Measuring social investment in LTC: What could be learned from other disciplines?
Virginija Poskute | ISM University of Management and Economics, Vilnius
The concept of social investment is linked with child and youth policy and employment policy. The European Commission has provided a further definition of social investment. According to the EU, social investment are ‘policies designed to strengthen people’s skills and capacities and support them to participate fully in employment and social life’. This includes long term care where it recognises the importance of ‘investing in prevention, rehabilitation, age-friendly environments and more ways of delivering care that are better adjusted to people’s needs and remaining capacities’.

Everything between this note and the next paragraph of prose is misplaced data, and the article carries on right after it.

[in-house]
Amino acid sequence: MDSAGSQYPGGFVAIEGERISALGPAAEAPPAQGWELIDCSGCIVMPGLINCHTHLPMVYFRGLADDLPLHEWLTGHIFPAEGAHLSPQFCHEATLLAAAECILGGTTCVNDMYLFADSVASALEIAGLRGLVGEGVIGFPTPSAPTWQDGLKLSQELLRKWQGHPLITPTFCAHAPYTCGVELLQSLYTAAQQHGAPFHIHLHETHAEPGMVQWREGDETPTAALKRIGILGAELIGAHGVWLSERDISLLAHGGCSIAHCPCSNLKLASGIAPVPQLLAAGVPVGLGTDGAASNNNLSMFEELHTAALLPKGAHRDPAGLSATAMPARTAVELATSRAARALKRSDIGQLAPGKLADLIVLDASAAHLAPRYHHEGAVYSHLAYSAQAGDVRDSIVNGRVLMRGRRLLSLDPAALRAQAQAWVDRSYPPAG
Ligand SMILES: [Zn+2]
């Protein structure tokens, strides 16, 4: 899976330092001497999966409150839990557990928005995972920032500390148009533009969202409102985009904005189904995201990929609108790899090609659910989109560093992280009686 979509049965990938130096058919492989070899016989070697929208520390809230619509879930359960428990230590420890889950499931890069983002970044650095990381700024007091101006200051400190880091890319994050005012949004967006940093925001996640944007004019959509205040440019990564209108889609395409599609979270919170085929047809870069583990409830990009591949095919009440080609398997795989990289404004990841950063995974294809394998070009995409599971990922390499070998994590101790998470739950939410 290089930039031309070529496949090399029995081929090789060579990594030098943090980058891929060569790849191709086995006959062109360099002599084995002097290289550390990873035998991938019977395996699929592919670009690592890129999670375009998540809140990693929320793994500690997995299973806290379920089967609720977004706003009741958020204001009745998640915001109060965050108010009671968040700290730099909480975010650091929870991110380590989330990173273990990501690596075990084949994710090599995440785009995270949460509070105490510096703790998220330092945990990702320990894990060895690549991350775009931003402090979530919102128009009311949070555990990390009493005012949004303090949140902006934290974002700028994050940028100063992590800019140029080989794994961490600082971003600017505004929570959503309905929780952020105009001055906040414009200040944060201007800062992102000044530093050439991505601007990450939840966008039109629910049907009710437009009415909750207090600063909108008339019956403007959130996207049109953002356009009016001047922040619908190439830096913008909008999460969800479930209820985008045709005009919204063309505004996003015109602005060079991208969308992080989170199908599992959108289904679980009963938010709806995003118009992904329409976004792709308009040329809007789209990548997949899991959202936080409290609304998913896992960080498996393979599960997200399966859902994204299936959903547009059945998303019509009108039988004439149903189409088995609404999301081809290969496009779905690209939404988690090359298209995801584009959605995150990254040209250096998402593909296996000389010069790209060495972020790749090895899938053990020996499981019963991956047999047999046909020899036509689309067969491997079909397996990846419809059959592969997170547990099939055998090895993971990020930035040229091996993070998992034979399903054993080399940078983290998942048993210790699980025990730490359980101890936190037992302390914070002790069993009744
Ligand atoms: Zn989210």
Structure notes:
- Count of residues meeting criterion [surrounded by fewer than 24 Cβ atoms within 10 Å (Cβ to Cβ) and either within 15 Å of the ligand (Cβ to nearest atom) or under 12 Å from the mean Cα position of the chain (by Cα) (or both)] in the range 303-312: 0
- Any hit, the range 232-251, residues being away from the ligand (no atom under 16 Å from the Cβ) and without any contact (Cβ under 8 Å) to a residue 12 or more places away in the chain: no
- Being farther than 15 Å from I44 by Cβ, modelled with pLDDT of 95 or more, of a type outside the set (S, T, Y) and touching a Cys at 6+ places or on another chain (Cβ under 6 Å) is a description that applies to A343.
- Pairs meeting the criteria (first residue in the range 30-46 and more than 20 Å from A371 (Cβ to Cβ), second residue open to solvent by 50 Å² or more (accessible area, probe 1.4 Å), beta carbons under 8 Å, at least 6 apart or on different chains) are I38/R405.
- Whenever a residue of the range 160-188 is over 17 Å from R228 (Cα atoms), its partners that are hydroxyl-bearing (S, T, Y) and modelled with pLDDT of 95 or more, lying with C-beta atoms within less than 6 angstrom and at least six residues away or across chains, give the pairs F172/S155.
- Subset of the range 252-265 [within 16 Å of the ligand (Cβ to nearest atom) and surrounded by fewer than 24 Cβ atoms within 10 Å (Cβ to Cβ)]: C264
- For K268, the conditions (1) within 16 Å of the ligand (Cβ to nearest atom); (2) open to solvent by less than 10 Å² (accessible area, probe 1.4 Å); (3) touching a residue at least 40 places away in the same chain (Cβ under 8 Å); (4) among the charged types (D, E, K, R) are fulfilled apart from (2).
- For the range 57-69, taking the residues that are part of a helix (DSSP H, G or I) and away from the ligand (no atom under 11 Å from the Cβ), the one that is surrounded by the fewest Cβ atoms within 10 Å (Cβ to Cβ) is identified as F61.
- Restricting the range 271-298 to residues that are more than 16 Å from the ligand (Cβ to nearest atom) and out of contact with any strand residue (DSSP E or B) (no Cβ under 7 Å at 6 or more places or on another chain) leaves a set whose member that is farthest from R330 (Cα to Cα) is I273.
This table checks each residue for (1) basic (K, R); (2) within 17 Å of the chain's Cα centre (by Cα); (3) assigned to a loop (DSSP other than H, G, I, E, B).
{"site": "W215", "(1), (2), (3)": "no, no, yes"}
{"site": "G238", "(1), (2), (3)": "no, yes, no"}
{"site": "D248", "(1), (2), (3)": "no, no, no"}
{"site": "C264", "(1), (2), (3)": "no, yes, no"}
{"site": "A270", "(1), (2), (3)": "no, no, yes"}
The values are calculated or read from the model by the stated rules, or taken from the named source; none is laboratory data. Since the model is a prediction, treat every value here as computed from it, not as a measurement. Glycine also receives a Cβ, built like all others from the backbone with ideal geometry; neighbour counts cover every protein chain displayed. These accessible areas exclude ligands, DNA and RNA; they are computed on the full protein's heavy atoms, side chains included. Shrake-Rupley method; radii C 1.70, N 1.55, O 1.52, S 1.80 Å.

In order to meet the challenges of a growing frail elderly population, there is a need for collaboration between different academics disciplines, including economics, management, public politics, law and sociology, between different public policy actors, especially public, private and non-profit organizations, and between academics and public policy actors. Therefore, the aims of this paper is to analyse possibilities and facilitate the integration of interdisciplinary point of view in order to propose more effective model for stakeholder collaboration that draws form the contribution that can be made by adaptation contemporary best management practises and cost-benefit analysis. Particular attention will be paid to contemporary principles of investment appraisal and the increasing importance attached to double and even triple bottom lines – those measuring ‘social’ and environmental impacts as well as simple financial returns.